After they become established, crabapples require minimal care. Most of the maintenance involves elimination of branches that cross over or rub against others, as well as the removal of water sprouts, suckers, and branches that grow too vigorously (four to eight feet per season). Crabapple species and cultivars have historically been susceptible to a wide range of diseases, especially apple scab fungus, cedar-apple rust, and fire blight. Many modern cultivars possess superior resistance to these diseases.

Following are ten highly recommended crabapples chosen from the Crablandia II research plot at Ohio State University's Secrest Arboretum, in Wooster, Ohio. They are among 68 crabapple cultivars (most of them planted in 1998) currently being evaluated at the plot for their disease susceptibility and general aesthetics. We chose these ten trees based on their impressive bloom and fruit, and the fact that they are unaffected by apple scab. Our vigorous discussions about which plants to include (there are so many great crabapples!) sometimes ended peacefully, but often they were terminated by a good old-fashioned crabapple fight.

Malus 'Adirondack'

Attributes: This is a pleasing, narrow, strongly upright tree with medium-green leaves. Profuse, showy white flowers emerge from rose-pink buds and line its branches in spring. The plant's oblong, half-inch-wide, deep orange-red fruits are impressive from late August through mid-December.

Drawbacks: 'Adirondack' is somewhat slow to establish; leafhoppers appear to relish the foliage but do little damage.

Malus 'Excalibur'

Attributes: This globe-shaped dwarf crabapple grows up to eight feet tall. Petite white flowers line its branches in spring. Tiny, glossy, golden-yellow fruits develop and are outstanding from mid-September to mid-December. They mature to a pleasing shiny, cider-brown color. When lined with fruit, this tree creates a striking statement in the landscape.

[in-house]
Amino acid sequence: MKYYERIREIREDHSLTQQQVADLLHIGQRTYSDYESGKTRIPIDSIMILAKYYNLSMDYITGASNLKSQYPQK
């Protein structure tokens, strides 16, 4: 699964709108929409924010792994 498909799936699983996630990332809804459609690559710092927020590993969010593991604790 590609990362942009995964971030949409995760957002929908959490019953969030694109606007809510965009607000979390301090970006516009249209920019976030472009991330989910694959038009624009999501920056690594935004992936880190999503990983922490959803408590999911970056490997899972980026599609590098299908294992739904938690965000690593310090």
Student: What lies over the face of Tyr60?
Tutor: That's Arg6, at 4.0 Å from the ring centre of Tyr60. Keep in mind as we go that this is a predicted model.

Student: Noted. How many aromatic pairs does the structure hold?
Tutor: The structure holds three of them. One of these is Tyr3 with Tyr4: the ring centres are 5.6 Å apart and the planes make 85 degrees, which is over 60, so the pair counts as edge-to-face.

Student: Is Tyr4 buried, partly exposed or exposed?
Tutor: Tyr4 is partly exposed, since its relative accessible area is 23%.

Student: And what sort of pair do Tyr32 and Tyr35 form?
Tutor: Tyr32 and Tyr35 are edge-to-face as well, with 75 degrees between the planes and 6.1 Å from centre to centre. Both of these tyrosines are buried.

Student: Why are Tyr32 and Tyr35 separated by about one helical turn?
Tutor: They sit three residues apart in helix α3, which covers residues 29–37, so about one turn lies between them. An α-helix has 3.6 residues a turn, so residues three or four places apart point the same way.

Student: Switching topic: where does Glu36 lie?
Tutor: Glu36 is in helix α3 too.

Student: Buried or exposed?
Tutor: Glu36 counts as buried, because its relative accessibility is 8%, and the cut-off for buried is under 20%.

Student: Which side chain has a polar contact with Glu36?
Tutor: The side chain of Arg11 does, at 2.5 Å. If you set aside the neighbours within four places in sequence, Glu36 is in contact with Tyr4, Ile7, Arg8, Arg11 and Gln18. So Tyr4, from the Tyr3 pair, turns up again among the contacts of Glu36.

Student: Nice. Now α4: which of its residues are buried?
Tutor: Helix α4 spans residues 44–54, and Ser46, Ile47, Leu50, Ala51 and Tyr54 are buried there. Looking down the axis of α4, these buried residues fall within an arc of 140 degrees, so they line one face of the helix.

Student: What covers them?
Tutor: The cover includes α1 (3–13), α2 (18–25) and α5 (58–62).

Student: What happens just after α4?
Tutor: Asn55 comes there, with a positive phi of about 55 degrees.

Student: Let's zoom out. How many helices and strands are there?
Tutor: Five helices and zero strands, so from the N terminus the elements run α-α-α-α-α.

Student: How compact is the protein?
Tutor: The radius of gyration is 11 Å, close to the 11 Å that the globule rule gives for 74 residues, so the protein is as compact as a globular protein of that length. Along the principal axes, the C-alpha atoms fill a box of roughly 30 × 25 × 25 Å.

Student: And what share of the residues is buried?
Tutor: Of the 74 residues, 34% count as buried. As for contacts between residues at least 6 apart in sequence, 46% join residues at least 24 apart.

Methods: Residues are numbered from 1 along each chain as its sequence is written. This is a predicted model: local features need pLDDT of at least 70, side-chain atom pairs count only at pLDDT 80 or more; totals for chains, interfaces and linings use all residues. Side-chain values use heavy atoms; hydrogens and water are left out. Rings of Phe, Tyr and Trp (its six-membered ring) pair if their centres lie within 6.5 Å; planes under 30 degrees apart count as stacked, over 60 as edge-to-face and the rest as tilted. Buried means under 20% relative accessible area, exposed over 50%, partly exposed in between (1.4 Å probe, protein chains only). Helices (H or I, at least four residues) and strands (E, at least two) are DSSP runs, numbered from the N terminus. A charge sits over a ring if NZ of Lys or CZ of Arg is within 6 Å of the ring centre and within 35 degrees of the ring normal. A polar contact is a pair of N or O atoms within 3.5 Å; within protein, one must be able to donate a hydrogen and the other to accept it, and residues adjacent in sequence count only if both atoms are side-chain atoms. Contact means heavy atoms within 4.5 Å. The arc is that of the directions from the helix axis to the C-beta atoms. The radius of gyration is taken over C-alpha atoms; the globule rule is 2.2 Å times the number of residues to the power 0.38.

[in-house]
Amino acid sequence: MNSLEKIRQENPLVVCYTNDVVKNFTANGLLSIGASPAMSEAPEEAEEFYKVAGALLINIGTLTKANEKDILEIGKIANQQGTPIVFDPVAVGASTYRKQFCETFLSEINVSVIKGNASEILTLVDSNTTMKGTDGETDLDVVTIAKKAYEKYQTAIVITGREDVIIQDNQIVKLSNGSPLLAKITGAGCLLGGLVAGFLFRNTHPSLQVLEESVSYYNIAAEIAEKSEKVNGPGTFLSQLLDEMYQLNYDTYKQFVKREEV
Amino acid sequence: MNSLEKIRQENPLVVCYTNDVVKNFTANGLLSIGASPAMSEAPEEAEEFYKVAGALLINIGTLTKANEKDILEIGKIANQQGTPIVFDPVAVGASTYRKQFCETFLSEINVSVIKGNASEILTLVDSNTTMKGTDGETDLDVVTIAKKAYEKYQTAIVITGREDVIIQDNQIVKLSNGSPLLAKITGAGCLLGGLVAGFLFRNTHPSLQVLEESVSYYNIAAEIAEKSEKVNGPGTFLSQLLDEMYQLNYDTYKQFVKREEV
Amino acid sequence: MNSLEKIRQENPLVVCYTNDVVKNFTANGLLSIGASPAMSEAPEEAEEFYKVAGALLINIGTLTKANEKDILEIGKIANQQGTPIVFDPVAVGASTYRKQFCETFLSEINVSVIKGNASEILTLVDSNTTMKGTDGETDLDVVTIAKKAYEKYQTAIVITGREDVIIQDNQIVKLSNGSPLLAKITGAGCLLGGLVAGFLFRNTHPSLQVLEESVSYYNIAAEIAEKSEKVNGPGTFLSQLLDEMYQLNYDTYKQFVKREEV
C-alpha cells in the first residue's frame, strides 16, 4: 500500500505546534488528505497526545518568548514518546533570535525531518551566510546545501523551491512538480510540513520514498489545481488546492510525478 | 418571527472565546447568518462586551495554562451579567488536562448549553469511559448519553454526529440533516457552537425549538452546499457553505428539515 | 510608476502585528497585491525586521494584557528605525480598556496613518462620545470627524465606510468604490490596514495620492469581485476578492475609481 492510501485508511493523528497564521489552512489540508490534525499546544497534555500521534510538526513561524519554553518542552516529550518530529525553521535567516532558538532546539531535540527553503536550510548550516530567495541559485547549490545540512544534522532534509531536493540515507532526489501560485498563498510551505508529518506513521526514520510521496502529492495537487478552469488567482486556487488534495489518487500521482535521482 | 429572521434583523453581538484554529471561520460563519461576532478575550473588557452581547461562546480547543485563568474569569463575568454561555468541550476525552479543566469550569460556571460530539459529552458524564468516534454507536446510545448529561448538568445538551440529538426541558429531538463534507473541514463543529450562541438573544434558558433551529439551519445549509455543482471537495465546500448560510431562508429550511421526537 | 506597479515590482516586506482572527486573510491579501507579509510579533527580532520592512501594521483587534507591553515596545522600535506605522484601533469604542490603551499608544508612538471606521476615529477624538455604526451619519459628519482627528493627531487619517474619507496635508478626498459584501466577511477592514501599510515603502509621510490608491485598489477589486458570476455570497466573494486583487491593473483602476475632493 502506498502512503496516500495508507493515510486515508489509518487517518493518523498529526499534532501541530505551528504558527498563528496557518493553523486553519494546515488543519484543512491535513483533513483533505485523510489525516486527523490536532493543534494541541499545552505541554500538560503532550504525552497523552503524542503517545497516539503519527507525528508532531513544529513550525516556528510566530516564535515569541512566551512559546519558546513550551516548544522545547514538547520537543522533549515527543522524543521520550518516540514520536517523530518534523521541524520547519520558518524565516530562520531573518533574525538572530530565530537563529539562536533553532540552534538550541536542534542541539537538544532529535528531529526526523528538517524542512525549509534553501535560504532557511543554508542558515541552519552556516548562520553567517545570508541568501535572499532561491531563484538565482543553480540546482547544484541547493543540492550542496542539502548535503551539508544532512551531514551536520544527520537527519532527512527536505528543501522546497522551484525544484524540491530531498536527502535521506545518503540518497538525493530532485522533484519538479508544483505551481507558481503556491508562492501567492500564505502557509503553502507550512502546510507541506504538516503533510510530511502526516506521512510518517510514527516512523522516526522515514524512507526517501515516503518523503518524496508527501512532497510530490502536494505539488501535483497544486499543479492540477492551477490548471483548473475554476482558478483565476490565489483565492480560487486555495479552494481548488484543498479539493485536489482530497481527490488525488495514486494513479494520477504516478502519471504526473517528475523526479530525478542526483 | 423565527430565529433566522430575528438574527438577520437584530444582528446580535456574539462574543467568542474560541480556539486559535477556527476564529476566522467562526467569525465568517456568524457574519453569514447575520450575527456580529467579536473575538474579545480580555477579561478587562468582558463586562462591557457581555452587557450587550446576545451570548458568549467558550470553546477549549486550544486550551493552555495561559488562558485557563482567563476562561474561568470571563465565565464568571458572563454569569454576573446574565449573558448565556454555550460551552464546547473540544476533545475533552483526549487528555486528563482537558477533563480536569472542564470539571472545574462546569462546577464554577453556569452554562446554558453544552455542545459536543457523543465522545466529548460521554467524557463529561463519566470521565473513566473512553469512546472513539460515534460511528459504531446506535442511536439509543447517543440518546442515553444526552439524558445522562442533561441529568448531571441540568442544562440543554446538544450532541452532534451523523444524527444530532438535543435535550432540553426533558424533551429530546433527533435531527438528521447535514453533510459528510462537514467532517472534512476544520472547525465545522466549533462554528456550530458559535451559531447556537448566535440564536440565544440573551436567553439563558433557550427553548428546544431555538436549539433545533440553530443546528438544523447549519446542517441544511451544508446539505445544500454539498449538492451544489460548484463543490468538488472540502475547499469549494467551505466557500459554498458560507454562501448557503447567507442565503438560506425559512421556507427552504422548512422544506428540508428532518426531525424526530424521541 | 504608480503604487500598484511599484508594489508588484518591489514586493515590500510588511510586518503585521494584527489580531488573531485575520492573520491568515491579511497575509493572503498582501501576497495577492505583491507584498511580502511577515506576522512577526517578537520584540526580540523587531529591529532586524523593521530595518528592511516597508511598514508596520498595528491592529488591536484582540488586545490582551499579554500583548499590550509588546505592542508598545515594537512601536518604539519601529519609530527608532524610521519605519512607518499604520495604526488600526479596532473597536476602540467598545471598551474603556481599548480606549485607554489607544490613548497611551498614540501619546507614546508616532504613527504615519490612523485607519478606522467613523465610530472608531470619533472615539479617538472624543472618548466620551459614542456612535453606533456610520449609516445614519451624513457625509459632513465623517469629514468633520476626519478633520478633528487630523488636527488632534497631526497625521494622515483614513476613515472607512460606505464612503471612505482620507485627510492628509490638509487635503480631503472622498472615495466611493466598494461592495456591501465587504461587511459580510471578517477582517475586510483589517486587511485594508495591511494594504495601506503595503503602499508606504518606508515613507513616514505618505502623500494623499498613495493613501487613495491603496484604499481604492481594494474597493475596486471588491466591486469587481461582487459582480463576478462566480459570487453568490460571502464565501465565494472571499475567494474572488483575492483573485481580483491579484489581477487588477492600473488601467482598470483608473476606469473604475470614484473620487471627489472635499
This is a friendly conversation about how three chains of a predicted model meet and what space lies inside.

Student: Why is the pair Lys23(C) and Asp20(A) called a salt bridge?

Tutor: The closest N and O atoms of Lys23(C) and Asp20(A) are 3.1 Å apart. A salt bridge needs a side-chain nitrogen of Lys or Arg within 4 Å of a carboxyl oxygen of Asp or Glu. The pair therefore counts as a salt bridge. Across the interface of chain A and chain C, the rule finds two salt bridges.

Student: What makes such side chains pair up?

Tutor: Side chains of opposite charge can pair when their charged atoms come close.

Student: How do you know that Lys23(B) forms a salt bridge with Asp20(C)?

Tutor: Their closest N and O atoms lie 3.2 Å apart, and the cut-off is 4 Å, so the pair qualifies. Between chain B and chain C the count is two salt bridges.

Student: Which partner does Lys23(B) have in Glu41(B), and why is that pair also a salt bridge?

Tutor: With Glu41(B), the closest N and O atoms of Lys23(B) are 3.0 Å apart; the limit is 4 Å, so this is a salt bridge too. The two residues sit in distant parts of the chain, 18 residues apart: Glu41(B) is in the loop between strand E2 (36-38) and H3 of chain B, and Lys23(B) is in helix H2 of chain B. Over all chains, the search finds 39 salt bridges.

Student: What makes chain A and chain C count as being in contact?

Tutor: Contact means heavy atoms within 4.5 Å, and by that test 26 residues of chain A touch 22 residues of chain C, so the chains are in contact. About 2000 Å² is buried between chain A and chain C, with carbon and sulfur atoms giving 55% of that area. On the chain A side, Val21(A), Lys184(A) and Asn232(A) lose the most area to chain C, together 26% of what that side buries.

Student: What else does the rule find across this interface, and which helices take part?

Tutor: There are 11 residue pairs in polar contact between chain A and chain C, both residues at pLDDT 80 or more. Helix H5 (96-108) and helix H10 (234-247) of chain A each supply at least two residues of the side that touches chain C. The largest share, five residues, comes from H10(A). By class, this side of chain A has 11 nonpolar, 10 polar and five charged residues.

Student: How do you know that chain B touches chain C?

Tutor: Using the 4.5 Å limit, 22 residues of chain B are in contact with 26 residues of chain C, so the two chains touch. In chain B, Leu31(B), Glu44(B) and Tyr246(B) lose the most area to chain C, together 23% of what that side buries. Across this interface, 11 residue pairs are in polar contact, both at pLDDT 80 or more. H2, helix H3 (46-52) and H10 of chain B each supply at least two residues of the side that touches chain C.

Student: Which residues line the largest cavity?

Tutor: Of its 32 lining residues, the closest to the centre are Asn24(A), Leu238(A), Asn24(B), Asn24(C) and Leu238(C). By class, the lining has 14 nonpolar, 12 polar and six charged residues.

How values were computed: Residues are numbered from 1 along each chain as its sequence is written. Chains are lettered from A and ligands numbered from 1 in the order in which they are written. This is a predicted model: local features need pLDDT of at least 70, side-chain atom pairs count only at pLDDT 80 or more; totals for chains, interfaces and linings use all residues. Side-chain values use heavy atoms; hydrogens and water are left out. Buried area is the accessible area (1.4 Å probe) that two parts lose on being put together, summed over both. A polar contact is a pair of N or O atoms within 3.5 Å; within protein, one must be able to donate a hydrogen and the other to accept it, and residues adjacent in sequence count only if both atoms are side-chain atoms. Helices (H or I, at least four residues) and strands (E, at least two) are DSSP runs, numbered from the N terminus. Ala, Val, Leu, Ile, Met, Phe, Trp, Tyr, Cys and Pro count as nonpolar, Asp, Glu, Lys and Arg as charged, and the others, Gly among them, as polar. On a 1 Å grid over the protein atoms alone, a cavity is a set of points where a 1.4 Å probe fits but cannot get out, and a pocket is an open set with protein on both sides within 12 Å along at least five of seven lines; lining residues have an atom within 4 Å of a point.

Drawbacks: The flowers may be hidden by rapidly expanding foliage, and the fruits are hidden within the plant interior until leaves drop. Apple mosaic virus was noted on it in the Crablandia II plot.

Malus 'Firebird'

Attributes: Tiny white flowers accent this upright, vase-shaped tree in spring. Very small, red-orange fruits are dispersed along the branches from late September to early January. Due to top grafting, this tree maintains its unique form, so it's perfect for size-restricted spaces. (If it's unavailable, try another fabulous top-grafted red-fruited crabapple called 'Lollipop'.)

Drawbacks: 'Firebird' is slow to establish and grow. The flower and fruit displays are steady but scattered and never dazzling.

Malus 'Hozam' Holiday Gold

Attributes: This rounded, open-form tree produces clusters of impressive fragrant white blooms year in and year out. It's one of the best of the new yellow-fruited crabapples. Lasting from late August to late January, the fruit mellows from an attractive cream-yellow to a deep gold-yellow and can develop a nice rose blush in exposed sites. (If it's unavailable, try another great yellow-gold fruited crabapple named 'Bob White'.)

Drawbacks: The tree's form can become awkward due to repeated fruit loads, and a trace of fire blight was noted in the plot.

Malus 'Louisa'

Attributes: Gorgeous, true pink flowers enhance the classical weeping form of this crabapple in spring. It's one of the best weepers, with arching, graceful branches that are upswept at the tips. Scattered lemon-gold fruits are noticeable from late July to mid-November. They darken to gold-orange with a tan-brown blush.